On Friday, some 800,000 federal workers will go without a paycheck for a second time. On Thursday, the Senate will consider two bills that would put a stop—one permanent, one temporary—to the shutdown. Senators will be presented with dueling options, one supported by Republicans, the other by Democrats. One measure comes from Majority Leader Mitch McConnell and aligns with President Trump's proposal to combine his requested border-wall funding with temporary protections for some immigrants. The second was green-lit by the House, and would fund the government through Feb. 8, allowing for further negotiations in the interim; there is no wall funding in that bill.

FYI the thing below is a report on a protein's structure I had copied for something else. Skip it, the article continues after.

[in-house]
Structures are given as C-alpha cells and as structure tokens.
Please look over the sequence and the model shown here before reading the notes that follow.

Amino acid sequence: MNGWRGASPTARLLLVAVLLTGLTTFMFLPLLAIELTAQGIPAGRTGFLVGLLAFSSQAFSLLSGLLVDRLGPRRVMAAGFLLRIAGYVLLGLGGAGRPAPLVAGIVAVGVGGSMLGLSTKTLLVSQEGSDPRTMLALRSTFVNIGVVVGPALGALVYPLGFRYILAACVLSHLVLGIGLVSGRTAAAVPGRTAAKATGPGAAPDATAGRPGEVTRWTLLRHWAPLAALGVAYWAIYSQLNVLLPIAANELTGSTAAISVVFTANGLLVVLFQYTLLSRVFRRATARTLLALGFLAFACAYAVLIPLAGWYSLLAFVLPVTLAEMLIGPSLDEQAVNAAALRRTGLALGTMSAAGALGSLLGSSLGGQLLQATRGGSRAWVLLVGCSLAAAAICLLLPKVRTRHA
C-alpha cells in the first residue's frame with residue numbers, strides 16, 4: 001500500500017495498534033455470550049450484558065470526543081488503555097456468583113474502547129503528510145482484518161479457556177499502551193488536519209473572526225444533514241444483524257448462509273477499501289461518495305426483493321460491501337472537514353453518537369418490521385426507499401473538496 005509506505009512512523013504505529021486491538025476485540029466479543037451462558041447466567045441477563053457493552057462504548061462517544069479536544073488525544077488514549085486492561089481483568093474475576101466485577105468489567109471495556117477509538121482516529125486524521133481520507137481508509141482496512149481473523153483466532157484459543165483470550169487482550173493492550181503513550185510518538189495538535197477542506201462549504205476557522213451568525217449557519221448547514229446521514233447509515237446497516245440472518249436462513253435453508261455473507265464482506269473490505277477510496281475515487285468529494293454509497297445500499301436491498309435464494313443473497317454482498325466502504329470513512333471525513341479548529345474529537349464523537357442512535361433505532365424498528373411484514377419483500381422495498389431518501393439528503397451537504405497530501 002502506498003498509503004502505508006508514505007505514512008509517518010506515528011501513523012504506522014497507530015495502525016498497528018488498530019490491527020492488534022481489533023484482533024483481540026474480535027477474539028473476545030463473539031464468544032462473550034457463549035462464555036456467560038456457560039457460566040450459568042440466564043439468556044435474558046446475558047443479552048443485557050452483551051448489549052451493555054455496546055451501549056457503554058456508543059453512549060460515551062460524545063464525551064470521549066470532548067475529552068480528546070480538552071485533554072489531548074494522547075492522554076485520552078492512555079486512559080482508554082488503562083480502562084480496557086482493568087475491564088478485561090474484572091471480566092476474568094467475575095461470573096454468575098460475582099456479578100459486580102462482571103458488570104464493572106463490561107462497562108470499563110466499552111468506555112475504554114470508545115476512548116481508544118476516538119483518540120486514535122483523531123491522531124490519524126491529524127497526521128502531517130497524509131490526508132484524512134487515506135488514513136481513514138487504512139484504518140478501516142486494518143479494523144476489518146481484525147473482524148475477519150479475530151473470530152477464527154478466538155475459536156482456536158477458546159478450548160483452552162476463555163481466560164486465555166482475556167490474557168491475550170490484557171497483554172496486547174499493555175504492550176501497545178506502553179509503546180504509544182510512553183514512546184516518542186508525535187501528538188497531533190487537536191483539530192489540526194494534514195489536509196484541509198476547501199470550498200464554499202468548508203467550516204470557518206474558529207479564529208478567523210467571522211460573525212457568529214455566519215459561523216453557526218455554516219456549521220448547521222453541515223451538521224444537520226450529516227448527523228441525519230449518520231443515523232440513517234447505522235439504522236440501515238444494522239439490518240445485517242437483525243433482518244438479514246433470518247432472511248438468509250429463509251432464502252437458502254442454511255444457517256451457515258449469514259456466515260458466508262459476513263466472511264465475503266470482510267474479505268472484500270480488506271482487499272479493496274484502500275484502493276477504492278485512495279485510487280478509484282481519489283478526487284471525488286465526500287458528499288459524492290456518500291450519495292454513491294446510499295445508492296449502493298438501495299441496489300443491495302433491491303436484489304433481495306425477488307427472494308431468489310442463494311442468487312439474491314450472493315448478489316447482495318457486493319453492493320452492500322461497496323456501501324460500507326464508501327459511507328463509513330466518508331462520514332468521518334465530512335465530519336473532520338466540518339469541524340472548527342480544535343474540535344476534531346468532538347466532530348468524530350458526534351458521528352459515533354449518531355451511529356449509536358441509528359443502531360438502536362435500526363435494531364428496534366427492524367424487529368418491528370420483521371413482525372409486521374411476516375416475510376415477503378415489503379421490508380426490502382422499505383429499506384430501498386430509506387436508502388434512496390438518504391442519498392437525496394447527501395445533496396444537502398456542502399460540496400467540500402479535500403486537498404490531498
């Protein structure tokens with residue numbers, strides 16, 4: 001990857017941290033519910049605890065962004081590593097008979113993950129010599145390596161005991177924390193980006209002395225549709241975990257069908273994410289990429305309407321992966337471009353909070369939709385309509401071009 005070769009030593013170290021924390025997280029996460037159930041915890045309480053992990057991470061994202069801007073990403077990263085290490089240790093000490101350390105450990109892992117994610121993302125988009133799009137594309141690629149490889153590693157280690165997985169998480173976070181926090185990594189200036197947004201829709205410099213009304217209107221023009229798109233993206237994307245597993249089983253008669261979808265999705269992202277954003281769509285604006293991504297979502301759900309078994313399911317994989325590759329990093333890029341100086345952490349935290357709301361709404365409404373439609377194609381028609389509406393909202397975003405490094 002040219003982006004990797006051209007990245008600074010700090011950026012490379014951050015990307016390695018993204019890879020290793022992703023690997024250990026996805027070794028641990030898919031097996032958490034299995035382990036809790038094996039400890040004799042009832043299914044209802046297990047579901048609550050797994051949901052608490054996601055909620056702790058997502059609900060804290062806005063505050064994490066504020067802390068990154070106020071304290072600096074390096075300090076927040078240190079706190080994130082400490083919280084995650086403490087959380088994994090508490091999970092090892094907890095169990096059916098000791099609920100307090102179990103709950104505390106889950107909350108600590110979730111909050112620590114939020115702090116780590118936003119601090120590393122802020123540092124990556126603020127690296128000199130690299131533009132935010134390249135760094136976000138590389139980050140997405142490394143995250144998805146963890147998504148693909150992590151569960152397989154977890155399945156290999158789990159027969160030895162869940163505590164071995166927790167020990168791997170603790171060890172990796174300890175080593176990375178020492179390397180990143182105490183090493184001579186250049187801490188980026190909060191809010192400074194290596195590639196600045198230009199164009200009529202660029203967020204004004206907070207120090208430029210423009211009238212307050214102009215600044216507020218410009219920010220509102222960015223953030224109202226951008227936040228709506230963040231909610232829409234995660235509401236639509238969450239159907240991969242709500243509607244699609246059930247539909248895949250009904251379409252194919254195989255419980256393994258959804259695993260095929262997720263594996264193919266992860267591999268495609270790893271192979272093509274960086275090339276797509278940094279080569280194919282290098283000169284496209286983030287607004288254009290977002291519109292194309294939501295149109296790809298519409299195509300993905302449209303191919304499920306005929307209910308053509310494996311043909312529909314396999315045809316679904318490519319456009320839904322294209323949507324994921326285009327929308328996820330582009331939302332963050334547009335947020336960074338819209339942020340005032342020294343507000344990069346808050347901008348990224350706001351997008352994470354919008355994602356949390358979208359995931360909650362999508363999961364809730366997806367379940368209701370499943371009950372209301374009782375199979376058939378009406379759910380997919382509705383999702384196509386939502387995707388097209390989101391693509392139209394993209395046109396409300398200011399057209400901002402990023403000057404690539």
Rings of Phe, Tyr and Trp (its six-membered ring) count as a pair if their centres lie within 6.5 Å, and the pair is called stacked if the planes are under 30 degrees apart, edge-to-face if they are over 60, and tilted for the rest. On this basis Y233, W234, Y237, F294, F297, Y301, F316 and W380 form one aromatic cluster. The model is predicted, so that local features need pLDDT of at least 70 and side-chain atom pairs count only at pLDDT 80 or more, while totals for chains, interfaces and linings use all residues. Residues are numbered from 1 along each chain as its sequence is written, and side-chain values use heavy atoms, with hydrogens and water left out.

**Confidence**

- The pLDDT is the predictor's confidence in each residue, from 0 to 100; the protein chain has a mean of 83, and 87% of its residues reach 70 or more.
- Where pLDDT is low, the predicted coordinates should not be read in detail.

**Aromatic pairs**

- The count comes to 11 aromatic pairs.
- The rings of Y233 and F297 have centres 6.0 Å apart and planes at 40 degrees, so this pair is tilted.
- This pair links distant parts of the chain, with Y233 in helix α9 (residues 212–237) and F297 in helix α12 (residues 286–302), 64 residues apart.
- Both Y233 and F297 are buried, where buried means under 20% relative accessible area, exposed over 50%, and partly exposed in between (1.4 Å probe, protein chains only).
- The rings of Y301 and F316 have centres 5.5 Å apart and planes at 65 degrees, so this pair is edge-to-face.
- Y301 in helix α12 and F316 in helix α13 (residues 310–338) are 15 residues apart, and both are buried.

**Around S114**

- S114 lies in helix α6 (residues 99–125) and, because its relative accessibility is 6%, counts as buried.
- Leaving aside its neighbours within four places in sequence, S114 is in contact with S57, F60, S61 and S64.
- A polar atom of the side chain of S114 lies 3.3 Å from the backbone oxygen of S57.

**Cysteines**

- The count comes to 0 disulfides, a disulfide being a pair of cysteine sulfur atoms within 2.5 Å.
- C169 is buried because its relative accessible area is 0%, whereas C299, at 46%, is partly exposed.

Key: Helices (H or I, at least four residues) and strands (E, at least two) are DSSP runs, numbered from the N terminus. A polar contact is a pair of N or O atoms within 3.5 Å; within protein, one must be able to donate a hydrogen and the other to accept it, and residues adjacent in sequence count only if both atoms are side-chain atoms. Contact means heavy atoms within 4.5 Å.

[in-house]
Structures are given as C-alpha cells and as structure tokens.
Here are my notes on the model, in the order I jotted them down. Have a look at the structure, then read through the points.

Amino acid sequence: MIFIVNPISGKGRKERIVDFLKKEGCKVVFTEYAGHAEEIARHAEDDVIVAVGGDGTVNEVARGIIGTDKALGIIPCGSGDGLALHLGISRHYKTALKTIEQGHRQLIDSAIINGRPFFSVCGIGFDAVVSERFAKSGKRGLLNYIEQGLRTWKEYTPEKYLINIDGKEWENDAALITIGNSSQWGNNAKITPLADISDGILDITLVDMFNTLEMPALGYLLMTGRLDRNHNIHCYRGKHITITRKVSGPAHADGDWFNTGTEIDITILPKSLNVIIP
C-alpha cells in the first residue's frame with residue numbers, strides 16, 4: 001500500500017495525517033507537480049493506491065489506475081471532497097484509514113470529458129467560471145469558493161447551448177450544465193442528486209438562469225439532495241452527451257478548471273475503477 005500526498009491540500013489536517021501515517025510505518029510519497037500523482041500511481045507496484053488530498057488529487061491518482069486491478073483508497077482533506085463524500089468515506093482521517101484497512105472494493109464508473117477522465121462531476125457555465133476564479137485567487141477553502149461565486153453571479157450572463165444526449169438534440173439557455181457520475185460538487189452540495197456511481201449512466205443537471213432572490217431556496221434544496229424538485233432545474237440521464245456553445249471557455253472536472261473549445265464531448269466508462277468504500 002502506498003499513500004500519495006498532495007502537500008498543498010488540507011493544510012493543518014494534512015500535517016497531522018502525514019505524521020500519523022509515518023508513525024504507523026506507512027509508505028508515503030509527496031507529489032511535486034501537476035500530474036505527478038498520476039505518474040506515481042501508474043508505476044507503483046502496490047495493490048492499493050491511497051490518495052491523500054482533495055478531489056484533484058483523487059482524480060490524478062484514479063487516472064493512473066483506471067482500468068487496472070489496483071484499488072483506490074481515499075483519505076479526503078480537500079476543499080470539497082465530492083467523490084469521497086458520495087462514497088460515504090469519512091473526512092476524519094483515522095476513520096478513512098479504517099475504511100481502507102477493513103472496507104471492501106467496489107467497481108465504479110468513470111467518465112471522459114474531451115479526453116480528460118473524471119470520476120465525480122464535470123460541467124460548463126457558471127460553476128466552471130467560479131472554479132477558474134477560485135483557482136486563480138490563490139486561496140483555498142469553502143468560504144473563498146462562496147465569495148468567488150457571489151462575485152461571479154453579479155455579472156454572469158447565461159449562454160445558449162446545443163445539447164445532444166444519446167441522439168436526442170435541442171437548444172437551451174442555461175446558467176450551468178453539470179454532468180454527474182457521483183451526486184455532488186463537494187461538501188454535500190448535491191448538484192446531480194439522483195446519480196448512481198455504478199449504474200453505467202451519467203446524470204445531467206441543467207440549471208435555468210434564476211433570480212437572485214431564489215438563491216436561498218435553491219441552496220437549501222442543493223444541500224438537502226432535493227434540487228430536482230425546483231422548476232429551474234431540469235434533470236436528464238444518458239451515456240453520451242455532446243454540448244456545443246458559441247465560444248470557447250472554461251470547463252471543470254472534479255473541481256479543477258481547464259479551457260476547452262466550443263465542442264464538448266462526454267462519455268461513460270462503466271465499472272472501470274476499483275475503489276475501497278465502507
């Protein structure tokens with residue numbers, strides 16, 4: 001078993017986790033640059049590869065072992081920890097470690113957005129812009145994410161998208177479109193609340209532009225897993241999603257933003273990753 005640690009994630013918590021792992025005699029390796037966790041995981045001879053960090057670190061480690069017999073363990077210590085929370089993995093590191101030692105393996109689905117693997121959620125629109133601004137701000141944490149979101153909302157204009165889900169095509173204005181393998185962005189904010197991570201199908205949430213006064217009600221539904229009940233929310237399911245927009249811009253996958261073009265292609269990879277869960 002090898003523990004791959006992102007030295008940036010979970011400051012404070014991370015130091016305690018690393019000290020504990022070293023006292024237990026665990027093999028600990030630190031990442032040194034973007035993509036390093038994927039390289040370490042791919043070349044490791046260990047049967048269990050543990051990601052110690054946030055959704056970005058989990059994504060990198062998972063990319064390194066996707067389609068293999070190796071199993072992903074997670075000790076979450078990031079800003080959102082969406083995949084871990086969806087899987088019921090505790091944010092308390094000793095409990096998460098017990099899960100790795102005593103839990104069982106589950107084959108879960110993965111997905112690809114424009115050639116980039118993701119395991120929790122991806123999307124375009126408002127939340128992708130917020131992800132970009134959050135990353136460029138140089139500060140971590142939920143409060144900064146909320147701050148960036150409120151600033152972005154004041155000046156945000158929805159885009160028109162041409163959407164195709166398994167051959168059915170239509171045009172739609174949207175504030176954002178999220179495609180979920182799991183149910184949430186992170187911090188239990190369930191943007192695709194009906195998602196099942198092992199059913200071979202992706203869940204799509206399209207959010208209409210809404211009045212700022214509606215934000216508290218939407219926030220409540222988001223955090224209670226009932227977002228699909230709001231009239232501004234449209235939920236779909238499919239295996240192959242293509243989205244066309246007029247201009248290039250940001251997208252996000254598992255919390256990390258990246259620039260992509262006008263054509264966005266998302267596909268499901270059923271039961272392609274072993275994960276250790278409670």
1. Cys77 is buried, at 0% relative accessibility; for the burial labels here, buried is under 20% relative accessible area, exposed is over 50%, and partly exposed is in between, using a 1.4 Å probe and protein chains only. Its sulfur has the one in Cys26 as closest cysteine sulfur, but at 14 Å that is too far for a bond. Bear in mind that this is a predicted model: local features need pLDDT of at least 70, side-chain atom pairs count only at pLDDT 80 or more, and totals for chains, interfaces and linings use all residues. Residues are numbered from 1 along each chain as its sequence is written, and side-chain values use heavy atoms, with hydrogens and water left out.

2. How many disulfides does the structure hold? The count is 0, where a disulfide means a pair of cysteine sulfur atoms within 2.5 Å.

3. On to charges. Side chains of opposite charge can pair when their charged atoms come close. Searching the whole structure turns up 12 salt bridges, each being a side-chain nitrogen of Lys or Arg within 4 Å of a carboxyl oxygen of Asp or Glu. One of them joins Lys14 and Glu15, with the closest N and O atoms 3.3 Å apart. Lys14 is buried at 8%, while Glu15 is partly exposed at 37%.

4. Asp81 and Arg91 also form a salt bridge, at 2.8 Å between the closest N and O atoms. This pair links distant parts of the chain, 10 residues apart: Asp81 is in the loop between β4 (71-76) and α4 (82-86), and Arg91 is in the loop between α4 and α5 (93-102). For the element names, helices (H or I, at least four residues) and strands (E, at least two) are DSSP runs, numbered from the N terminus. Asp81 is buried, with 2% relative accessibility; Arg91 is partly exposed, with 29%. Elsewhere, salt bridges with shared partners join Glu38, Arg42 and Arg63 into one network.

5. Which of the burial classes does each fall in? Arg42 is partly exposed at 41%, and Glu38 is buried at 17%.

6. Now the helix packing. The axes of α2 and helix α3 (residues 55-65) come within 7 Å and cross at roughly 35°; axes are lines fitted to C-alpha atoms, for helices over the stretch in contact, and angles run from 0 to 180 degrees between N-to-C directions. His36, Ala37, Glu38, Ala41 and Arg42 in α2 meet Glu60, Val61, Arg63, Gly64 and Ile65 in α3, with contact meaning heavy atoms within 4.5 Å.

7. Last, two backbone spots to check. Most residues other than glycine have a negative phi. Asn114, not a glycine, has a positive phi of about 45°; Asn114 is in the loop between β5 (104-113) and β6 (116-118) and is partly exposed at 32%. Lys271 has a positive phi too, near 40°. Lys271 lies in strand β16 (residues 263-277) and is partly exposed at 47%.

Neither is expected to garner the necessary 60 votes, but the New York Times notes it will be the first time the Senate has made a move to try to end the shutdown. And the AP reports the votes' results may tell us something: "The plan represents the first test of Senate Republicans' resolve behind Trump's insistence that agencies remain closed until Congress approves $5.7 billion to build a wall. ... For Democrats, the votes will show whether there are any cracks in the so-far unified rejection of Trump's demand." CNN provides the tally: For the GOP bill to pass, seven Democrats would have to get behind it. For the Democratic bill to pass, 13 Republicans would need to vote yes. Reuters notes that Wednesday marks day 33 of the shutdown. (Some FBI agents say the shutdown is doing serious damage.)